Controlling Your Cooling – Fan Speed Control
A new ‘craze’ that has started over the past couple of years is that of controlling the fan speed of your laptop. Now, the speed that your fan is turning (i.e. its RPM) is controlled by your computer based on input from temperature sensors. Computers don’t work well when they’re too cold or too hot. Now getting too cold isn’t usually a problem unless you’re sitting outside with your laptop in Antartica! Even if it is cold in your house, the laptop produces heat through just being on (and produces more heat with increasing actions and activity on the computer). However, getting too warm can be a very real problem – and a laptop that is too warm can easily become sluggish, slow to respond and eventually crash (or even cut out if the temperature gets too high – this is to prevent damage to your hardware).
Now as your computer controls the fan speed automatically – is it really a good idea to interfere with its automatic settings. Well, yes and no. There are different circumstances where it is beneficial and others where it’s not really advisable.
Firstly, a decision based on whether to control your fan speed manually (or more accurately semi-manually) should be made for technical reasons, by a technically experienced person. Not just because it seem ‘fun’ because that can cause problems, as can not knowing what you are doing.
The (shockingly) primary reason that people have given on the Internet for wanting to control fan speed is that they want to ‘cool down the laptop so it doesn’t burn their legs’. We cannot emphasise enough just how shockingly unadvisable this is! The fans are there to keep your computer working, not your legs cool! If the laptop is to warm for your legs, place another surface inbetween you and your laptop (like a tray) or put it back on a table!! Fan control should only be ever used for the benefit of your computer, not your own personal body temperature!
Now that we’ve got that out of the way, the technical reason for controlling your fan speed is usually because the operating system fan speed control is failing to work or one or more of your computers temperature sensors has broken – both of these issues can cause the computer to set an incorrect fan speed and therefore overheat.
It must be advised that it is highly unlikely that your computer will suffer damage due to overheating, even if you don’t control the system fan speed and the system is also failing to adequately control the systems fan speed. All modern computers are set to ‘cut-out’ once the temperature of your system reaches a ‘critical’ level. It does this to ensure that the computers hardware is not damaged due to overheating. If this is the case, switching the computer straight back on, without leaving it to cool down will likely result in another ‘cut out’ shortly after turning the machine back on.
Firstly, its advisable to know your stats regarding the temperatures of the different parts of your system. iStatPro is a really good utility / widget for this for users of Mac OS X. There are also other similar free tools available for Windows based users. Now iStatPro has many interesting and useful statistics – but for our purposes at the moment, we’re most interested in the temperature stats.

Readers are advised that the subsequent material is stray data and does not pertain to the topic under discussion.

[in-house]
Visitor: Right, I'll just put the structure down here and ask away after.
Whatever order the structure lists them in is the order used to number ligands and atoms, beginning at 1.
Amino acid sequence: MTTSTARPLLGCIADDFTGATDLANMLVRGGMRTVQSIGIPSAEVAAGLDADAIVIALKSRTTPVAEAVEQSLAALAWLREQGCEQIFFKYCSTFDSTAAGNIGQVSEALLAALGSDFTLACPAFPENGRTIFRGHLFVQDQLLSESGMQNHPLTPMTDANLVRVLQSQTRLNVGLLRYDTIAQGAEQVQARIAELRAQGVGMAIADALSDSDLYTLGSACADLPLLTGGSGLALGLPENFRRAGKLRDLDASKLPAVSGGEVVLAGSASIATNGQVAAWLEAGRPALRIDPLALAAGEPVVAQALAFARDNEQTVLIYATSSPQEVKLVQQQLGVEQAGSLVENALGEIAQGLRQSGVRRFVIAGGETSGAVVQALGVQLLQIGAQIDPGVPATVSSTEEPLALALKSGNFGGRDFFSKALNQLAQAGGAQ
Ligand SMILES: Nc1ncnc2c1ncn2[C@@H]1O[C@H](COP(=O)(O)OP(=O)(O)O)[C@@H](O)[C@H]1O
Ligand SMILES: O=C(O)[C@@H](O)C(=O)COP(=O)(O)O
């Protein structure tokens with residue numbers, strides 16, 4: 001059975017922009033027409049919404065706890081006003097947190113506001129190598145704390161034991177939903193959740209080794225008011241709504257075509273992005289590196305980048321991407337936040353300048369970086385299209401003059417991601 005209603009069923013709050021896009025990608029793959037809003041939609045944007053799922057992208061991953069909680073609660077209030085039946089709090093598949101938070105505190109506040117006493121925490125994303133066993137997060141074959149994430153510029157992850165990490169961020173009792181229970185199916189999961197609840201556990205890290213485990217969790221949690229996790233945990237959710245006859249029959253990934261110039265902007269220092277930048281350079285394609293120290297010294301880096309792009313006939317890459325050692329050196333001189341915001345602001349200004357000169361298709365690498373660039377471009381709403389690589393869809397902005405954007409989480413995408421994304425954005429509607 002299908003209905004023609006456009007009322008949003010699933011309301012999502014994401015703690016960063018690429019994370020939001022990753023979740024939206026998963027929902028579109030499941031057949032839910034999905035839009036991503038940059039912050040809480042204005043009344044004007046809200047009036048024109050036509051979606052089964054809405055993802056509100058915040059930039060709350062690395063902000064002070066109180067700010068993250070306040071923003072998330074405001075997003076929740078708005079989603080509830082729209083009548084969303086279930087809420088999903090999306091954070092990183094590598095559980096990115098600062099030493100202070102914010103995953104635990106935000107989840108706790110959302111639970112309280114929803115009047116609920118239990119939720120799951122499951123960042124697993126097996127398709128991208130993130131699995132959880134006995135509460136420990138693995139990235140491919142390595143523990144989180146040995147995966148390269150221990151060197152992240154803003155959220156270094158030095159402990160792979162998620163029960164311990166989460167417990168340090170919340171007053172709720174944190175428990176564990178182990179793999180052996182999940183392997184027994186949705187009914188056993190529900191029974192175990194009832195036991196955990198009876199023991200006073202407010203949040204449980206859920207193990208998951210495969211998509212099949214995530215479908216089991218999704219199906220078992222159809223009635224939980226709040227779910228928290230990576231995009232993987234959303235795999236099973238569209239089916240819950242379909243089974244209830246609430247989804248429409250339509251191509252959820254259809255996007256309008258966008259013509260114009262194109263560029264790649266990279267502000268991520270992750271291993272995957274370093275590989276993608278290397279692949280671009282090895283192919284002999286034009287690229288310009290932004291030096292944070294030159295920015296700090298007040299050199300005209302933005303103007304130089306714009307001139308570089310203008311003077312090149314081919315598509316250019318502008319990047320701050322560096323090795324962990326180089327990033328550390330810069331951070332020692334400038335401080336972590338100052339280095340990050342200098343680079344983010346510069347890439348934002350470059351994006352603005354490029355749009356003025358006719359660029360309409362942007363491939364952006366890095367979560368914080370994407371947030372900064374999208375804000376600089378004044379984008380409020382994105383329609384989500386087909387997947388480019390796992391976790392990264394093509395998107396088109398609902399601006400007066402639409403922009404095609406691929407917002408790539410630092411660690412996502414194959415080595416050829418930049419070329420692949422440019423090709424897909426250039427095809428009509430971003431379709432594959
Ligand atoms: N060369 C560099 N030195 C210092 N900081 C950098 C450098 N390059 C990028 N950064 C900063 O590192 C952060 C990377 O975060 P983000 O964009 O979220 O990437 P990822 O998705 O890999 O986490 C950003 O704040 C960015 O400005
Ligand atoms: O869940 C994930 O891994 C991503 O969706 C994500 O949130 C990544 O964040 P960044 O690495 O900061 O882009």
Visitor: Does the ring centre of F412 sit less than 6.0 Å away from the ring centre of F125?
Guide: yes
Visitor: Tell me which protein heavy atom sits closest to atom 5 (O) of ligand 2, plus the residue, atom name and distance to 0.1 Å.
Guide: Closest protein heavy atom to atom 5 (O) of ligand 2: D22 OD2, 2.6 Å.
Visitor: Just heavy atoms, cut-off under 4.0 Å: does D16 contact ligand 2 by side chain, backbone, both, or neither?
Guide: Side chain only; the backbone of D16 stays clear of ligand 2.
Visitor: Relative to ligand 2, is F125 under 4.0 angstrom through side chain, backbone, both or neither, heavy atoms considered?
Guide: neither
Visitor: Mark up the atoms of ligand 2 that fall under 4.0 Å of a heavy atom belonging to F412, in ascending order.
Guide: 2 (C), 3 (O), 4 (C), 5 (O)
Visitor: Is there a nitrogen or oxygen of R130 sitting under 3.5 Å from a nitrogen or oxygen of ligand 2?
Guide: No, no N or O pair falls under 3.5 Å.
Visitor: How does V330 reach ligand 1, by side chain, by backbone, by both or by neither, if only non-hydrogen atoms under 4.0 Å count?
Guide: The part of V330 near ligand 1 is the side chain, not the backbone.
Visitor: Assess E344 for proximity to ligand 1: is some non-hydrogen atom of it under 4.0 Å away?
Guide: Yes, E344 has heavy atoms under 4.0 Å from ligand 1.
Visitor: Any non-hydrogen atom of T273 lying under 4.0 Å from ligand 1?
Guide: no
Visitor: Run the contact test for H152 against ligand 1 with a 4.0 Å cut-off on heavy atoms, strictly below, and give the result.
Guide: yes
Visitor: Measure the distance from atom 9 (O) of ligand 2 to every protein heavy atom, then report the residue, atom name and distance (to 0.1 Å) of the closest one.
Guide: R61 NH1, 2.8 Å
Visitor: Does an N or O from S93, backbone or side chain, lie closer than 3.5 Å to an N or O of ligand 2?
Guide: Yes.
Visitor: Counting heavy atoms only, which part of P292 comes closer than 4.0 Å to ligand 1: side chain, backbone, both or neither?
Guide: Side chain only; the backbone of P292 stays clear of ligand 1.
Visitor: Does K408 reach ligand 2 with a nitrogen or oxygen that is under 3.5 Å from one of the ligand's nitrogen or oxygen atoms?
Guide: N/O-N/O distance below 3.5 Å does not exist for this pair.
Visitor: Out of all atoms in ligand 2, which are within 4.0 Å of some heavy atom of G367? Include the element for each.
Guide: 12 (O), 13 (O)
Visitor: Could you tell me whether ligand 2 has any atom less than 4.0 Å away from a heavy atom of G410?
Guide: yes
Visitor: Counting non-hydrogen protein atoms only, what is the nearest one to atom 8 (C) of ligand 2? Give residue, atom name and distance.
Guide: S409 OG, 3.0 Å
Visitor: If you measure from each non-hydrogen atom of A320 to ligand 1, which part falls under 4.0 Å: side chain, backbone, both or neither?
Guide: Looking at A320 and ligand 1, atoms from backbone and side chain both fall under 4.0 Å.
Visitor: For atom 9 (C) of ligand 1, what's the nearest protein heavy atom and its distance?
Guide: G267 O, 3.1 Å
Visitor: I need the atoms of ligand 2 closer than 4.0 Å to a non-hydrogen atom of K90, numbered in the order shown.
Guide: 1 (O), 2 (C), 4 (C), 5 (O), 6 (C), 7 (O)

Now, the optimum and allowable temperatures are different for each system / laptop – to find out information for your particular system and laptop, you can Google for information specific to your system / laptop or consult the manual that came with it.
Now, with iStatPro (and many other free tools) you can usually see if something is wrong with one of the temperature sensors by using common sense. If a temperature readout isn’t possible (or extremely unlikely) it could indicate that you have a problem with that temperature sensor. For example, if 100 degrees Celsius is shown on one of the temperature sensors, its nigh on impossible that your laptop would still be functioning. Equally if its showing -20 degrees Celsius its also night on impossible that your laptop would still be functioning! Also, if no readout is displayed persistently for a certain sensor (there will be occasional times when no temperature is displayed due to data being temporarily unavailable) it’s likely theres a problem with that sensor.
Malfunctioning sensors can lead to poor fan control and ultimately lots of crashes and cut outs.
Tools such as SMC Fan Control are freely available (there are others for different operating systems as well) which allow you to control the ‘minimum fan speed’ – i.e. it will still allow the system to go above the fan speed set if it determines that this is required. This is a very important feature as if the fan speed didn’t move above the set speed when required this could make the problems even worse. Also with SMC Fan Control, there is a minimum fan speed which it won’t let you go below – this is set to the fan speed that is the absolute minimum that your system should be running at – anything below this, would be dangerous.
It’s important to pick a reputable tool when choosing programs to control fan speed as there is the possibility that poorly written programs can lead to the problem getting worse or damage being done to your system. Try the tools above or if you try other tools, ensure you read reviews about it and take advice from people.
Of course, if this is a little scary and you’d prefer a less technical option (or need an additional option as the solutions above aren’t completely solving the problem when used alone) then you can always try laptop cooling mats/pads/stands which are available from many online stores and most computer shops. And of course there is the old completely non technical solution of pointing a desktop fan at a high speed in the direction of your laptop – which although inconvenient can be highly effective!